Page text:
Sunday, January 31, 2010

Döner Kebab

While in Berlin this past weekend, I made sure to get a Döner Kebap for lunch. It is a Turkish sandwich served in a wax paper sleeve. It is similar to a Greek gyro but döner are way better. Especially as a quick lunch or after a late night of drinking.

It consists of roasted lamb cut from a spit, with lettuce, red cabbage, tomatoes, onion, cucumbers and sauce. They are normally served on pita bread. But not in Berlin. Here, is the only place where they are served in warmed fladenbrot (thick flatbread).

Döner is one of the most popular fast foods in Germany. Probably because of the country's large Turkish minority. In the 1960s, huge numbers of Turks came to Germany, as guest workers, to fill the acute labor shortages that existed at the time.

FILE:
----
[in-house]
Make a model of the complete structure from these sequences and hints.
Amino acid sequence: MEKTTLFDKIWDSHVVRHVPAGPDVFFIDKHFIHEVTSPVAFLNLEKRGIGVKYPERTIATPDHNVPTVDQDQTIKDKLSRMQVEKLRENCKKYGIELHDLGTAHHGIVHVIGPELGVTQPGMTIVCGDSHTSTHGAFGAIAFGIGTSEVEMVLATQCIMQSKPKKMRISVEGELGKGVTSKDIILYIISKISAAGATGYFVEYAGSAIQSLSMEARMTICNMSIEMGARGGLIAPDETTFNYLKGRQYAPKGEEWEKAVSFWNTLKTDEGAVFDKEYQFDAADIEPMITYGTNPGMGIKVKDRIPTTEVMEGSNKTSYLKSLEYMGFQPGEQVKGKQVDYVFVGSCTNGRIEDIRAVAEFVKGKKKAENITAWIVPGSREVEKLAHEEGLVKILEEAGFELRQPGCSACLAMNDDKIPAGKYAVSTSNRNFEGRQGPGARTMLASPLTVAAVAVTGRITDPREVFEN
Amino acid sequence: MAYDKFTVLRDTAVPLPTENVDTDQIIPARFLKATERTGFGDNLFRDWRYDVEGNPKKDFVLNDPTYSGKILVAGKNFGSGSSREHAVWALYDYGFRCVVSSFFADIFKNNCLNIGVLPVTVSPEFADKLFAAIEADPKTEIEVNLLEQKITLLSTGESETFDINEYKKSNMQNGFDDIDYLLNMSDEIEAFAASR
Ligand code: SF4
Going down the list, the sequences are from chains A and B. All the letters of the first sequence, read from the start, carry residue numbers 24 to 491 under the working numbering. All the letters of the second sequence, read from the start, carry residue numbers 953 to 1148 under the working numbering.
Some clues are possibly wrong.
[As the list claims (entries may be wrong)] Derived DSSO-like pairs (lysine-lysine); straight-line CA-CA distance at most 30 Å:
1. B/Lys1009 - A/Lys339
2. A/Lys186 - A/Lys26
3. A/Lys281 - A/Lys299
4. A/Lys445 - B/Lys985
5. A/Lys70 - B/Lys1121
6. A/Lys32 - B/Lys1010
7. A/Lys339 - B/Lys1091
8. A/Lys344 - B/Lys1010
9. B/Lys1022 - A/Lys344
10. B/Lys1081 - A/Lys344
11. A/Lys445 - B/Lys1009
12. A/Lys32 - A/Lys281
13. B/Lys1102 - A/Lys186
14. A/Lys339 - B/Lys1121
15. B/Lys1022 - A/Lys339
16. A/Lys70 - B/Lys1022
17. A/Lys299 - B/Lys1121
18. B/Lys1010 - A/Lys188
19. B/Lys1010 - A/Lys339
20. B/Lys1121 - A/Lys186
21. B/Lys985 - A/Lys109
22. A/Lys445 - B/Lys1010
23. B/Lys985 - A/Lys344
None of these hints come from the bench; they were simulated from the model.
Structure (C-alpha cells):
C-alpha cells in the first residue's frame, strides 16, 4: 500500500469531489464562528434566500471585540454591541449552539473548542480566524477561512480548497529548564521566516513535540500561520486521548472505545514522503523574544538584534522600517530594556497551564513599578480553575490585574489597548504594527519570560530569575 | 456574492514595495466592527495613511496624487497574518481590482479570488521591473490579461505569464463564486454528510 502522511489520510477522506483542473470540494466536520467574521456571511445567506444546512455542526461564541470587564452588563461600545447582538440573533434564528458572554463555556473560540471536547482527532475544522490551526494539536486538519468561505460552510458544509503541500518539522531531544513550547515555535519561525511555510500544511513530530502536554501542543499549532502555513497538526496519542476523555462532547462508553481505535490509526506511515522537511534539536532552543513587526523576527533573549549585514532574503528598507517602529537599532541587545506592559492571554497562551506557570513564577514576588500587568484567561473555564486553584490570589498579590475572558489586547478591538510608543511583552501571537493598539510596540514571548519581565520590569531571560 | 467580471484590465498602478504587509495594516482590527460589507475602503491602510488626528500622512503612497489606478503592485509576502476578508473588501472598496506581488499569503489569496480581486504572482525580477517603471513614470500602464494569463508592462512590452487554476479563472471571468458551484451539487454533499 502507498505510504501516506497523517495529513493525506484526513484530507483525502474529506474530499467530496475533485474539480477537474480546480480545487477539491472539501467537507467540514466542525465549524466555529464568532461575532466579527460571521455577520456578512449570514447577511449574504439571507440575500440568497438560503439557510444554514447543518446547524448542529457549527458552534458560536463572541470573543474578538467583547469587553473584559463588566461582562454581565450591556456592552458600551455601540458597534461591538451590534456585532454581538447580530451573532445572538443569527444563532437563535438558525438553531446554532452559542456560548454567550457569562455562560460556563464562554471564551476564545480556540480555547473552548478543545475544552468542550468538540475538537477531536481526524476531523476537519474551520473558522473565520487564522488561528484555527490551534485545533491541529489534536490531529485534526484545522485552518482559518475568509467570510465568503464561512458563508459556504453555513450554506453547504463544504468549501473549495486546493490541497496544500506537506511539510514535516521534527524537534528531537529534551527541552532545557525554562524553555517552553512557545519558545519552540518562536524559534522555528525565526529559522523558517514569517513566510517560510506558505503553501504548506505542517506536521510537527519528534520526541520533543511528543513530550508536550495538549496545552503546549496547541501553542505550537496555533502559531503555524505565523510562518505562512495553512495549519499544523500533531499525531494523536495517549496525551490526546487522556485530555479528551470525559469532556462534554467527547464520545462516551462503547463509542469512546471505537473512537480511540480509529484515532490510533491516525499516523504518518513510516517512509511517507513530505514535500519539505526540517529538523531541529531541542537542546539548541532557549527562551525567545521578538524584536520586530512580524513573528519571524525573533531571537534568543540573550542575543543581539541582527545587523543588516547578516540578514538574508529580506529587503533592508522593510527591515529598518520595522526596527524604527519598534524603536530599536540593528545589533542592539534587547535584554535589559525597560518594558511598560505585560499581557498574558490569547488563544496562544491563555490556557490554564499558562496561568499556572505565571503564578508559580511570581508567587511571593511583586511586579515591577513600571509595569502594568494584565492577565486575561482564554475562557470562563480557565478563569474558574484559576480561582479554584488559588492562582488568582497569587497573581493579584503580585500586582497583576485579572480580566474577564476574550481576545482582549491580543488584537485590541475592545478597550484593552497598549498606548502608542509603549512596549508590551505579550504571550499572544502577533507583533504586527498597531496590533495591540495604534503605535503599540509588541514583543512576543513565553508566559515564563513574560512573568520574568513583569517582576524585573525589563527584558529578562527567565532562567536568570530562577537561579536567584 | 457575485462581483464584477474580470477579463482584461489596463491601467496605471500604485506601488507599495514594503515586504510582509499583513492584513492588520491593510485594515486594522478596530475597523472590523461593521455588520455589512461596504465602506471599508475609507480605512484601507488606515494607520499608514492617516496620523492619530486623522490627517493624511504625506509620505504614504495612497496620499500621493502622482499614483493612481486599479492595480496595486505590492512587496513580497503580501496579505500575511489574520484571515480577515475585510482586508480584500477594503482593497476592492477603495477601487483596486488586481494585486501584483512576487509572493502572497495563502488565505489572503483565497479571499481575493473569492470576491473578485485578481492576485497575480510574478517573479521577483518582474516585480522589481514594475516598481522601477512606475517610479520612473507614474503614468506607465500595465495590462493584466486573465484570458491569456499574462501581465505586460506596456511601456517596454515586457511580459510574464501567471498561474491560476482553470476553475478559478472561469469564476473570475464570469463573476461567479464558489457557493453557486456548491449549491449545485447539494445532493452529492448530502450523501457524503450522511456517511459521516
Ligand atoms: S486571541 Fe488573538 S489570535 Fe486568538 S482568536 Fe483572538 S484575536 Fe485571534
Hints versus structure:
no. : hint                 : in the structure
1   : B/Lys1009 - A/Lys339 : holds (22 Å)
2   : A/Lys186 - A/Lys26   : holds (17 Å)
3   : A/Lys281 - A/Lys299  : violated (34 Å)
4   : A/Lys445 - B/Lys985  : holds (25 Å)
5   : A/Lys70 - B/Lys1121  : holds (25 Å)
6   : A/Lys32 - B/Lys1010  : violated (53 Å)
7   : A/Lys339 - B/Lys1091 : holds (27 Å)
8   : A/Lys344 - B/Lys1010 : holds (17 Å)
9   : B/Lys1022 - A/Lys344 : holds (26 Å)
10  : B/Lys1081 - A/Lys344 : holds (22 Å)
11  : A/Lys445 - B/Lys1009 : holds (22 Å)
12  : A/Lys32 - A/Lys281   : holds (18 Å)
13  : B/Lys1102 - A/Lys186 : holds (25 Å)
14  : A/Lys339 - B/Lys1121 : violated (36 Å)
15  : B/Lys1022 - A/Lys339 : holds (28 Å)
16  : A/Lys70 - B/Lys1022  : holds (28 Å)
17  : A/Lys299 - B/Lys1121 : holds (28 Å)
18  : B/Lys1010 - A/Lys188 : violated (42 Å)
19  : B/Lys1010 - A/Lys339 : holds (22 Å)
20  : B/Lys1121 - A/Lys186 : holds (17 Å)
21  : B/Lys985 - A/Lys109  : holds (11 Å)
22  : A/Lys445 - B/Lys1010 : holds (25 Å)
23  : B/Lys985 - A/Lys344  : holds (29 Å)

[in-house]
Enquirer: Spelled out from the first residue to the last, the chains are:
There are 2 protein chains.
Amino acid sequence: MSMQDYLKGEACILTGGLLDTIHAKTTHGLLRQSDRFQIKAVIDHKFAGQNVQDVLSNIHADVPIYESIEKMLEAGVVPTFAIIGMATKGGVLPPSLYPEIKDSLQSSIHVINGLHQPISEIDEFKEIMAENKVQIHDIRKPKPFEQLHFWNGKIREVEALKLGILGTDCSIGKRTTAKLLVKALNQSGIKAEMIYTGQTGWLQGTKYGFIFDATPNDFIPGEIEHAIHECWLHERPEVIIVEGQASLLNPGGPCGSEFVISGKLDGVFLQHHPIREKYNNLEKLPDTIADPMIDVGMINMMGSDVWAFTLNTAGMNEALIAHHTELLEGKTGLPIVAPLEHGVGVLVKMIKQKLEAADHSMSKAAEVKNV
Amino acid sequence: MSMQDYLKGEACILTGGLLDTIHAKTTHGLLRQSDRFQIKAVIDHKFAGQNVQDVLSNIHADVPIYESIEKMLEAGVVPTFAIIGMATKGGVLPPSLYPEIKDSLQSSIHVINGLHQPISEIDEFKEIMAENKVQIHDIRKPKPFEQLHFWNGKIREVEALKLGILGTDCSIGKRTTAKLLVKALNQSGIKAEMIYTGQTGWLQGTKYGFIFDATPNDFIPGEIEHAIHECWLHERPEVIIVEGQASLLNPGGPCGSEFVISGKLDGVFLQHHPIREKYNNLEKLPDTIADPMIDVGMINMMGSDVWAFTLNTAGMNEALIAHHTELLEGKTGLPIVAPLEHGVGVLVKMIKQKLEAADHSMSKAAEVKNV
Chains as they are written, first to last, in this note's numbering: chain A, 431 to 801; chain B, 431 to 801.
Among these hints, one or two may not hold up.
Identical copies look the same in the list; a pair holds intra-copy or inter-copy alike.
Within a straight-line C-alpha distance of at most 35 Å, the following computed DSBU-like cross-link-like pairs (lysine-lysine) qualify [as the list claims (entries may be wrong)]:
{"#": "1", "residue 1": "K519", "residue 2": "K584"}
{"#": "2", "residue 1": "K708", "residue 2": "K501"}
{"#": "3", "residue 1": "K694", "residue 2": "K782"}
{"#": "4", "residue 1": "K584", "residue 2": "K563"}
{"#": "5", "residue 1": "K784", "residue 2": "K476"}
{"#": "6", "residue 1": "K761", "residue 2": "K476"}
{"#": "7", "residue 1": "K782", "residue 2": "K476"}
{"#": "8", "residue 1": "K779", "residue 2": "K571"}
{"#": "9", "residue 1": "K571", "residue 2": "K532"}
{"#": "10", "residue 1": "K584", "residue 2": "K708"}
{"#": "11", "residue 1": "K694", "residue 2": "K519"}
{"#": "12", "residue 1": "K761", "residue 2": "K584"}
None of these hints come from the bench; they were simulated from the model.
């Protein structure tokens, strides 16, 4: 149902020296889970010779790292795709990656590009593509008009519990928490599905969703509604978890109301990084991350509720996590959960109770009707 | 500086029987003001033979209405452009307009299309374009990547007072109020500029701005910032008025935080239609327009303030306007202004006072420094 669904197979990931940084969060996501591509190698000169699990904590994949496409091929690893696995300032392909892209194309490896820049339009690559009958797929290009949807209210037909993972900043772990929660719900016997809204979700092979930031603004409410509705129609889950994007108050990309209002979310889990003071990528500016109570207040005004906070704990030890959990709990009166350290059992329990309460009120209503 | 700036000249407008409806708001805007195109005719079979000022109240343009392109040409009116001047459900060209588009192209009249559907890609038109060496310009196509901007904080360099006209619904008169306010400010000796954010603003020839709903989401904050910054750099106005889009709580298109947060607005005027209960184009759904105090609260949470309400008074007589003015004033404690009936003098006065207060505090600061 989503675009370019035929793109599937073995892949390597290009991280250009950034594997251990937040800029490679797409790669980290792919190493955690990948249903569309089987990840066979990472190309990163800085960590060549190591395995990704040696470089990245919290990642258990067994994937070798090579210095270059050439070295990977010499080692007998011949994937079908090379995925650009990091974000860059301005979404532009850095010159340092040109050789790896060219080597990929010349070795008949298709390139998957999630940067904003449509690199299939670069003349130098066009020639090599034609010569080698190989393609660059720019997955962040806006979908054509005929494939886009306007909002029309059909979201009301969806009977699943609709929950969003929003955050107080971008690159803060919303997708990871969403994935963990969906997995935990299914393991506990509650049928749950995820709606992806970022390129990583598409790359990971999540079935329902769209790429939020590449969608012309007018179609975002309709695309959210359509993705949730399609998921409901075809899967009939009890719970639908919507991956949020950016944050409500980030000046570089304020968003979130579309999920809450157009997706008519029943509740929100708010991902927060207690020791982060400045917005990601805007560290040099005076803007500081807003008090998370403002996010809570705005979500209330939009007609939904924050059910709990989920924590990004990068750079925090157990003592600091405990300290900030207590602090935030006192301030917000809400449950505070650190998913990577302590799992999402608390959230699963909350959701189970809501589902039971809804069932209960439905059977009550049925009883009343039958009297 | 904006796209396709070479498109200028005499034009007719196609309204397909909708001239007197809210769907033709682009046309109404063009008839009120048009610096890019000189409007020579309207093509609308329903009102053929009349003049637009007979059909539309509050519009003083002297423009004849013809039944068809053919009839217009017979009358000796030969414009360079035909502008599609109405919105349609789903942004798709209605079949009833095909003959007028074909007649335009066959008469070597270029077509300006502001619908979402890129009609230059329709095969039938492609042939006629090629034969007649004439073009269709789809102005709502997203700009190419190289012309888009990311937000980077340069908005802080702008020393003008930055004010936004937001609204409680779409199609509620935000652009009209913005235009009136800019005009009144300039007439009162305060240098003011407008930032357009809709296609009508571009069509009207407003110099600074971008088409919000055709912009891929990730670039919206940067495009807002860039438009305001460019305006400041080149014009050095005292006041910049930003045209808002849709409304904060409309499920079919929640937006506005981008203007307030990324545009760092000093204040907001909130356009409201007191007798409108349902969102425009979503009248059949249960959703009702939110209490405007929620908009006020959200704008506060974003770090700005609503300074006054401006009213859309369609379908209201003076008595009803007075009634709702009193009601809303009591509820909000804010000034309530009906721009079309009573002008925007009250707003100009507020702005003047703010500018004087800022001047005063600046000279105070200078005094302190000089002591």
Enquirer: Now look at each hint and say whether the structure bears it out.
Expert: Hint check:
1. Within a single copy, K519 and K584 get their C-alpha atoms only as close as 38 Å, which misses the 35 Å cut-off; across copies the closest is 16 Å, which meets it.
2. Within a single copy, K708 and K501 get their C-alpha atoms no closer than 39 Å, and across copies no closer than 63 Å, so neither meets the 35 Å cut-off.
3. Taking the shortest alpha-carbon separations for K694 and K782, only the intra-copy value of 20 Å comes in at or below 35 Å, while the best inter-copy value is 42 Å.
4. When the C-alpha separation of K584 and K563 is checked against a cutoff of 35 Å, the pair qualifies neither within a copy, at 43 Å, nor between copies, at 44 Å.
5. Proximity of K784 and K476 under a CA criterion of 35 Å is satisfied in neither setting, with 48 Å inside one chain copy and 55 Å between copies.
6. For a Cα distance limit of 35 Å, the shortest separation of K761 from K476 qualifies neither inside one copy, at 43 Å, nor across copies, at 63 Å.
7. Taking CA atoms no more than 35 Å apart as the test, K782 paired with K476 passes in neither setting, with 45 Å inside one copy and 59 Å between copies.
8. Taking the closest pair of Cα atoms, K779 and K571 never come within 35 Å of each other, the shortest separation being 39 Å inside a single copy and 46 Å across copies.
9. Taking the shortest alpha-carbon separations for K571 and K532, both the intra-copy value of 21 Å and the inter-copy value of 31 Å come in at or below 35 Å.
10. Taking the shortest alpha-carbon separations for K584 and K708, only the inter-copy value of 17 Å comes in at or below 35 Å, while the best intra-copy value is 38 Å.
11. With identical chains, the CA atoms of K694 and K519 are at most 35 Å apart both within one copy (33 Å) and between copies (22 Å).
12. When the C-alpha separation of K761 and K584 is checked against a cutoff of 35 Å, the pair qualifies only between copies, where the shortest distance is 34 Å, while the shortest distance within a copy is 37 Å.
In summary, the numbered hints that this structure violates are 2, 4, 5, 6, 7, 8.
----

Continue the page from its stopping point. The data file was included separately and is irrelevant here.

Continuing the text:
The story goes that Döner Kebab was actually invented in Berlin in 1971 as the fast food version of a traditional Turkish dish. I don't know if it is the fladenbrot or what, but döner just seem to taste better in Berlin.

Update 2021:  Here's a YouTube video I found about the history of döner kebab in Germany.

©DW News

Saturday, January 30, 2010

The Euro - €

The euro () is the official currency of the European Union, and is used by 327 million Europeans in 16 of the 27 member countries. After the U.S. dollar, it is the 2nd largest reserve currency and the 2nd most traded currency.

Inspiration for the € symbol itself came from the Greek epsilon (Є), as a reference to the cradle of European civilization, and the first letter of the word Europe. It is crossed by two parallel lines to ‘certify’ the stability of the euro.

€1 is divided in to 100 cents. The coins come in denominations of 1c, 2c, 5c, 10c, 20c, 50c, €1 and €2. One side of the coin is common and the other side is a national side that shows an image specifically chosen by the country that issued the coin. Kind of like how each U.S. quarter features a different state.